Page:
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Dynamic Chiropractic – November 30, 2004, Vol. 22, Issue 25

HSAs Poised to Undermine HMOs

By Donald M. Petersen Jr., BS, HCD(hc), FICC(h), Publisher
You may not have noticed the latest effort by the United States Congress to make consumers more aware of the money they spend on their health care. It comes as an alternative to the usual choices in health insurance and managed care plans. It's called a health savings account or HSA.

An HSA is a tax-free way to set aside money to pay for your health care. It is generally discretionary in nature, giving consumers control over how and where they spend their initial health care dollars.

The concept of an HSA is reasonably simple:

The consumer opens the tax-free HSA account to cover the initial costs of their health care. In order to qualify for the HSA account, the consumer must purchase a high-deductible health insurance plan at the same time. Because it doesn't start paying for health care expenses until after the consumer has met the deductible (anywhere from $1,000-$4,000 for an individual), the premiums for the high-deductible plan are much lower. The consumer takes the money they save on the premiums for the high-deductible plan and invests it in their health savings account. The consumer can now exercise more control over how they spend money on maintaining their health, while being protected in case of a health emergency. Best of all, any money the consumer doesn't spend on their health care stays in their HSA and grows year by year, until they can have a substantial sum from which to fund care in their retirement years.

The economic advantages are not hard to figure out. In order to make money, a managed care organization is not able to take a dollar from the consumer and spend 100 percent of that dollar on their health care. After overhead and profit, only about 85 cents of that managed care dollar gets spent on health care.1 By utilizing HSA accounts in conjunction with high-deductible health insurance, the consumer spends the entire dollar on their health care, effectively cutting out the HMO, its overhead costs and profit.

There are two reasons why HSAs will be very popular: choice and control.

  • Employers are just beginning to take advantage of HSAs. They like them because their employees are no longer upset about what their health plan will and won't let them do. There's nothing worse for an employer than paying hundreds of thousands of dollars for an employee benefit, only to have the employees upset with the manage care plans the company offers.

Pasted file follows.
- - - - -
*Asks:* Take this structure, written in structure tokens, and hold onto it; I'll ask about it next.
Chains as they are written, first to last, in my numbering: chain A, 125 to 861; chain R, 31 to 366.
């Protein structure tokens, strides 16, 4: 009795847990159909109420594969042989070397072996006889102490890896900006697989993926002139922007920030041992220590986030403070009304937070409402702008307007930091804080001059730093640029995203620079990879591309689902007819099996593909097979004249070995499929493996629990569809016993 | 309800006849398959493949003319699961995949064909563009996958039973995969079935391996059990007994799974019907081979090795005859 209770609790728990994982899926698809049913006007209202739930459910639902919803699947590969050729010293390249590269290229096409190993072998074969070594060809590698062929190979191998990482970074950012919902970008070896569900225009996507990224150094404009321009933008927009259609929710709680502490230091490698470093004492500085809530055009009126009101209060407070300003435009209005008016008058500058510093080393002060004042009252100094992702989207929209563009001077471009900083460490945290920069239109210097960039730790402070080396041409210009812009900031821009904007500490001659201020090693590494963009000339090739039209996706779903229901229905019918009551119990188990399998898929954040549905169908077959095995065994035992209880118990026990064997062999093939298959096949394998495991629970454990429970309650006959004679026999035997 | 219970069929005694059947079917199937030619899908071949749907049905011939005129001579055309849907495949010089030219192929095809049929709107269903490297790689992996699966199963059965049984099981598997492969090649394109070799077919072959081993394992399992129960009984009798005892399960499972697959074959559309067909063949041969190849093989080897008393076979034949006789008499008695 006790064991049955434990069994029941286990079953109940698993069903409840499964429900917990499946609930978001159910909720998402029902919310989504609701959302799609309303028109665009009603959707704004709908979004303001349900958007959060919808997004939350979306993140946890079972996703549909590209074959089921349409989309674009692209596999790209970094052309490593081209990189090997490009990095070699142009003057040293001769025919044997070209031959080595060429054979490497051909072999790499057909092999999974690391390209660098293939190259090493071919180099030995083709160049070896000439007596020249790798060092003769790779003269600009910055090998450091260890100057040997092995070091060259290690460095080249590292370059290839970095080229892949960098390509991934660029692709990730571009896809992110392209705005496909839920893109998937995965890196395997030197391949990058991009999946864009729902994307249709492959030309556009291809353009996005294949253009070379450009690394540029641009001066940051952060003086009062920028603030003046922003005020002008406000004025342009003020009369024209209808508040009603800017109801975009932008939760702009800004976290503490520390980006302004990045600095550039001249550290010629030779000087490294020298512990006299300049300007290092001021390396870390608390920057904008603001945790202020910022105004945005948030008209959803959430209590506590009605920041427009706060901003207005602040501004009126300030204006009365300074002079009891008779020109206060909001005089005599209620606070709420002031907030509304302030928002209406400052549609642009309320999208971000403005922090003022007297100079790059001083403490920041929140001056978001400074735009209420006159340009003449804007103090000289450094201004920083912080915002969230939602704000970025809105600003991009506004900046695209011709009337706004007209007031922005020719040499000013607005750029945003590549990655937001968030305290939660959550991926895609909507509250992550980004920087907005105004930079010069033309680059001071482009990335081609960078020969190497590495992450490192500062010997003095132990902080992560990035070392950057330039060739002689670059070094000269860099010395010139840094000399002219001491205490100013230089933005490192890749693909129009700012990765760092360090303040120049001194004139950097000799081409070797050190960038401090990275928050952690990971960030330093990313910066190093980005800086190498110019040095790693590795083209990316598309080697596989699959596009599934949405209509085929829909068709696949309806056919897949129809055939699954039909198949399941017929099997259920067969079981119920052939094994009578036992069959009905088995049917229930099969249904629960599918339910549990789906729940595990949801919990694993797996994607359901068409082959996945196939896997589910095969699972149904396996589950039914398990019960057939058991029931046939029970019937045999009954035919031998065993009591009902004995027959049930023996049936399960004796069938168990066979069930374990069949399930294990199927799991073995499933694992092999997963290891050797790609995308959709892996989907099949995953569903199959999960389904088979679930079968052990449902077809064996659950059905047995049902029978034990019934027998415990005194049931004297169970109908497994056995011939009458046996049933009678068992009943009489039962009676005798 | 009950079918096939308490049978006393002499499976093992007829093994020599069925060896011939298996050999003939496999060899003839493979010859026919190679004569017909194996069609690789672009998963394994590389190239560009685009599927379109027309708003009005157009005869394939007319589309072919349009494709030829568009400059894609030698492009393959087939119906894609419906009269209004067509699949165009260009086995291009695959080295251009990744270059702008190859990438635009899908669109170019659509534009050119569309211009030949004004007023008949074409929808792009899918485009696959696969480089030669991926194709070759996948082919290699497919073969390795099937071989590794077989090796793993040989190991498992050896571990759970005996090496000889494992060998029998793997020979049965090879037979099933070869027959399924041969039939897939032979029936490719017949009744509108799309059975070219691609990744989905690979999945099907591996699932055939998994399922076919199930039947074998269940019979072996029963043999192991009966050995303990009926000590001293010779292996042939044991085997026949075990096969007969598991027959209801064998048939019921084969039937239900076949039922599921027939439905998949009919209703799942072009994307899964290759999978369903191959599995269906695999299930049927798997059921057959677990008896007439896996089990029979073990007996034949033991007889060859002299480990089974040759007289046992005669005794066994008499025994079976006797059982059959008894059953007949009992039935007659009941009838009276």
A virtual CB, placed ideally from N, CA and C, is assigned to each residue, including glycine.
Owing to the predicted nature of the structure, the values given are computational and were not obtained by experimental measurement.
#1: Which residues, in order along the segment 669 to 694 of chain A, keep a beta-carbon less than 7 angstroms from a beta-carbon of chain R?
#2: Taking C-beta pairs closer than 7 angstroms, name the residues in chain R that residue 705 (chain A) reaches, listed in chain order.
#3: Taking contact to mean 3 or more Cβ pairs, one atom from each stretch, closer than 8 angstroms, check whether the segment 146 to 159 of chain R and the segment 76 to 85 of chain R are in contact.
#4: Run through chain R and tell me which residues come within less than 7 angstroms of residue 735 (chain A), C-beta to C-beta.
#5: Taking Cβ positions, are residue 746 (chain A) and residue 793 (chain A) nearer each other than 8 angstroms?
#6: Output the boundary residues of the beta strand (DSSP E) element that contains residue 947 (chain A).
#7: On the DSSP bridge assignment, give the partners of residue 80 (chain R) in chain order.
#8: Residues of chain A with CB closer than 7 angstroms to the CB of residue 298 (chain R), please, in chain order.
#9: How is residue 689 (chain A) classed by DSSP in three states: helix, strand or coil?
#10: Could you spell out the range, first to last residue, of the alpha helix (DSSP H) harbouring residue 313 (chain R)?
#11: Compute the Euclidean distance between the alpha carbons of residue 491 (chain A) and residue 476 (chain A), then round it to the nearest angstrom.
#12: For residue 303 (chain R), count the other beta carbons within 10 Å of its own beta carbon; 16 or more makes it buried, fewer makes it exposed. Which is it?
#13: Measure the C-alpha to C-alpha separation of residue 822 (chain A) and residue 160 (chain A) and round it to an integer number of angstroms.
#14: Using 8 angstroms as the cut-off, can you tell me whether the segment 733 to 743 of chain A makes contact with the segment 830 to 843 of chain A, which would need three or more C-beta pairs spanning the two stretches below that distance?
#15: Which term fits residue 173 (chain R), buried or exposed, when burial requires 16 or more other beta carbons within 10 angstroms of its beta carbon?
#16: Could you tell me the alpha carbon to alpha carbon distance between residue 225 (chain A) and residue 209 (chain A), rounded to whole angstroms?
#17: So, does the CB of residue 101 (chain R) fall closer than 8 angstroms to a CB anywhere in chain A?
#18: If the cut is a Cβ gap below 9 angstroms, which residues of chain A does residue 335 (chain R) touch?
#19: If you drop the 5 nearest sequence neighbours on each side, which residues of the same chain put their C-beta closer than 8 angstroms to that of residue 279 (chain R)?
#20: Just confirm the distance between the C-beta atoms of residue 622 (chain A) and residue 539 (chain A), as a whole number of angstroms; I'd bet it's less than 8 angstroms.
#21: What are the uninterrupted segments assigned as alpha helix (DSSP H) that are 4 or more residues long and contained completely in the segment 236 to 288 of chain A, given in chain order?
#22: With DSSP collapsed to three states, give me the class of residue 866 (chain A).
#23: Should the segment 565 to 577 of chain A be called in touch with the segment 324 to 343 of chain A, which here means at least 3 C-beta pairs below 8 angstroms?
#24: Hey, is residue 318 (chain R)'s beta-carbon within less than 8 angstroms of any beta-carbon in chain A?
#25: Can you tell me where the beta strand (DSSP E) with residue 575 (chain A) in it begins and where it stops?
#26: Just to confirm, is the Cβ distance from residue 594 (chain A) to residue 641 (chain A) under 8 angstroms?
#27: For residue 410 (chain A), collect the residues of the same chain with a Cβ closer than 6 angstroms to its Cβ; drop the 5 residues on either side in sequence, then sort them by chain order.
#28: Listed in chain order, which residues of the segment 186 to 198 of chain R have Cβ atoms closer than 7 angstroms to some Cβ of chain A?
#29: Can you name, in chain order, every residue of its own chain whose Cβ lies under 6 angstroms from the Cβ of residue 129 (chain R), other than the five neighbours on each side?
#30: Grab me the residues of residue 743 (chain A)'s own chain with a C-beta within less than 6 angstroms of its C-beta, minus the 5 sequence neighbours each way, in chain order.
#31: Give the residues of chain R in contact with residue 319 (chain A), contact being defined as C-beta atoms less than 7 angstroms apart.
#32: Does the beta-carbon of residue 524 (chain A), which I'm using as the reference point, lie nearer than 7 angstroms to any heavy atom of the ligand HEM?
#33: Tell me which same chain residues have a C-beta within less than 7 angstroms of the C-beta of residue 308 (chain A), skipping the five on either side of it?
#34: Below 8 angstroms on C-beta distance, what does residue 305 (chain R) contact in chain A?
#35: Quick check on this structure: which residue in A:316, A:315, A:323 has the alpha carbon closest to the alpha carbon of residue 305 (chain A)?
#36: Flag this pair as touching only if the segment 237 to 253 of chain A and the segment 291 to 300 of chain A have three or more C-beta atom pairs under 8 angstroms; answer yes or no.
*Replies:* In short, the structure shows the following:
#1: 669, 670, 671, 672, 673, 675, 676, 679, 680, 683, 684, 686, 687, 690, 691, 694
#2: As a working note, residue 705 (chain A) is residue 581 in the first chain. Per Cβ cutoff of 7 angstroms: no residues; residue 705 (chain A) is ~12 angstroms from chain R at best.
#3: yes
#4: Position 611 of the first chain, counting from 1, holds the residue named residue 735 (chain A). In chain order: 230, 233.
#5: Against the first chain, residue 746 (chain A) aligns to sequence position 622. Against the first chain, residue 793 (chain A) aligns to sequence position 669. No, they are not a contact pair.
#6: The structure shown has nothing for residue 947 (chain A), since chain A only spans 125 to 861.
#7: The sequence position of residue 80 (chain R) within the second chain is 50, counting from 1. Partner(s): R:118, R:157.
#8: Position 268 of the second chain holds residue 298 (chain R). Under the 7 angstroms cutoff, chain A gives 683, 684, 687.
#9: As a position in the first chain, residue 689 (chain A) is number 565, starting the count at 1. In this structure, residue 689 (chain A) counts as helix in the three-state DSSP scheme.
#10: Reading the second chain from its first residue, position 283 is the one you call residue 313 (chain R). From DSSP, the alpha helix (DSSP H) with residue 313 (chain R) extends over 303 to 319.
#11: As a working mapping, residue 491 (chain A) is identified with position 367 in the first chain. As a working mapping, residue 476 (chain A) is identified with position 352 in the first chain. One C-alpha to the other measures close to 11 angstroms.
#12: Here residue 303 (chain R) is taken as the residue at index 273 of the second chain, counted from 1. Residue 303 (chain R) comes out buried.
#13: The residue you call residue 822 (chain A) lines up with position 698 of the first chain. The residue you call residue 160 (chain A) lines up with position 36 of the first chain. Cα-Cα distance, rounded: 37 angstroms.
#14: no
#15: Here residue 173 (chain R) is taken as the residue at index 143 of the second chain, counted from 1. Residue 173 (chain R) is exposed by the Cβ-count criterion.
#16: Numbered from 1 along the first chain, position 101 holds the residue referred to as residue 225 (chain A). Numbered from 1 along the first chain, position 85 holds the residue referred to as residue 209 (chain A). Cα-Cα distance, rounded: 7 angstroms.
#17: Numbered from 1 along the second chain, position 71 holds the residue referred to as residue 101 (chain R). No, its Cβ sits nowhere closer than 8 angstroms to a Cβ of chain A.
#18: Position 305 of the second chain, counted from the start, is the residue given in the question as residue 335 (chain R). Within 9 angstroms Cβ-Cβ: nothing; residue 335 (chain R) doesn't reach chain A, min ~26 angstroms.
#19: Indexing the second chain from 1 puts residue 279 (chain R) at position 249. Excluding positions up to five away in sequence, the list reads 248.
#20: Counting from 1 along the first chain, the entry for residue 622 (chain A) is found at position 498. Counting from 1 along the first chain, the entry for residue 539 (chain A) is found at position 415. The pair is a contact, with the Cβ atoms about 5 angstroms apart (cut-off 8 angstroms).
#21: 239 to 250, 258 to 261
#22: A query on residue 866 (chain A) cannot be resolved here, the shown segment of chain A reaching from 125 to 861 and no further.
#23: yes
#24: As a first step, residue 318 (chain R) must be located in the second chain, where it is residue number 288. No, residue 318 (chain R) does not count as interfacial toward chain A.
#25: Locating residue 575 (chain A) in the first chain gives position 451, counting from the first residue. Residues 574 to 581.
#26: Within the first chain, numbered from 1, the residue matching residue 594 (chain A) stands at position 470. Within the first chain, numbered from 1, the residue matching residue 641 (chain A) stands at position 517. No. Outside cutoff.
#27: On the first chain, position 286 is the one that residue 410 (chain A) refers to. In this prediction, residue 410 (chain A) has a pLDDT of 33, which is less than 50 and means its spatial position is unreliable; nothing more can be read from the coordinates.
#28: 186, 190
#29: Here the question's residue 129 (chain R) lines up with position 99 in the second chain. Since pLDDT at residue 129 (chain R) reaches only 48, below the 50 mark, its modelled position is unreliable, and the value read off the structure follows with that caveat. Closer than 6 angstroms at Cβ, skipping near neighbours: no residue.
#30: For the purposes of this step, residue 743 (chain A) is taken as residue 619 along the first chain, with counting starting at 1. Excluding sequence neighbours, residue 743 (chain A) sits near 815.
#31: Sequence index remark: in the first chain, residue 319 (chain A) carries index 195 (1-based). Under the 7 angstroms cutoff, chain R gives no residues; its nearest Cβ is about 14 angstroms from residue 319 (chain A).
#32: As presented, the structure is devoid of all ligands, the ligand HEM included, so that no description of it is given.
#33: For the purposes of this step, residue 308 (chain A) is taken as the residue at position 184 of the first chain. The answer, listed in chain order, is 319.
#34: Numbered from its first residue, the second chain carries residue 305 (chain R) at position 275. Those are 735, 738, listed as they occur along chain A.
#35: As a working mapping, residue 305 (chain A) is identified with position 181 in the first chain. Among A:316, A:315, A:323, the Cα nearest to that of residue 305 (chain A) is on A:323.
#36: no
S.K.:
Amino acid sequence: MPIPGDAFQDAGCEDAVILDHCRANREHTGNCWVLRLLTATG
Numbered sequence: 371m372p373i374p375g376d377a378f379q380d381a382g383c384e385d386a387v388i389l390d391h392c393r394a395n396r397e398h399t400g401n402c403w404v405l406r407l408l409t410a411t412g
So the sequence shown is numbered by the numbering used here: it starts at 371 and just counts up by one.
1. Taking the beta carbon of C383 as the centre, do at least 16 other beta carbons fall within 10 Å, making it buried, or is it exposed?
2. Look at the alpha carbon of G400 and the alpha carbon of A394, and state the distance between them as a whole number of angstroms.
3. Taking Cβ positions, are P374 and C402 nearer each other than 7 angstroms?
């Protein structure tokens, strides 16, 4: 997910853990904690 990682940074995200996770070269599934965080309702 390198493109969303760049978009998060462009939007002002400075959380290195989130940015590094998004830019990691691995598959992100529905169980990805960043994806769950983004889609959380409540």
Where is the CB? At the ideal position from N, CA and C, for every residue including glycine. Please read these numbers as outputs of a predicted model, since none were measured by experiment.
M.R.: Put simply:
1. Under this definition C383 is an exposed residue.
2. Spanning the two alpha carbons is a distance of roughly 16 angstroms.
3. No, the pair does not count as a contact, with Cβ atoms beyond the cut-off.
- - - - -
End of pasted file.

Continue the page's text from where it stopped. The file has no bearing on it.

• Your patients will like HSAs because they can choose which providers they see and how they manage their own health care. It's their money and their choice. The power to make choices returns to the patient, where it belongs.
  • You will like HSAs because they let your patients pay for your services right out of their HSA account - no paperwork, no restrictions. Some banks even offer a debit card with their HSA account, so patients can pay for care right out of the account.

Needless to say, HSAs are not for everyone, particularly those who continue to have large health care expenditures year after year. Depending on what a patient's choices are, an HSA may not be as attractive as the HMO plans currently being offered. As HMO plans become more restrictive, HSAs will become more attractive.

But a significant portion of the population, particularly those who resent the lack of choices and control, will take advantage of HSAs. They will be attracted to an account that builds up and effectively rewards them when they spend their heath care dollars wisely. HSAs are nelw this year and most health insurance companies are just beginning to offer them. Expect a lot more people to be interested in health savings accounts as they renew their health insurance in 2005.

To learn more about HSAs and to educate your patients about their many potential advantages, visit the following sites:

HSAs are worth spending your time on and discussing with your patients - particularly patients currently on restrictive plans. If they have a choice, make sure they understand the benefits.


  1. 2001 HMO Profiles: A Consumer Comparison of the Largest Illinois Health Maintenance Organizations. A Citizen Action/Illinois Report, October 2002.


Click here for more information about Donald M. Petersen Jr., BS, HCD(hc), FICC(h), Publisher.

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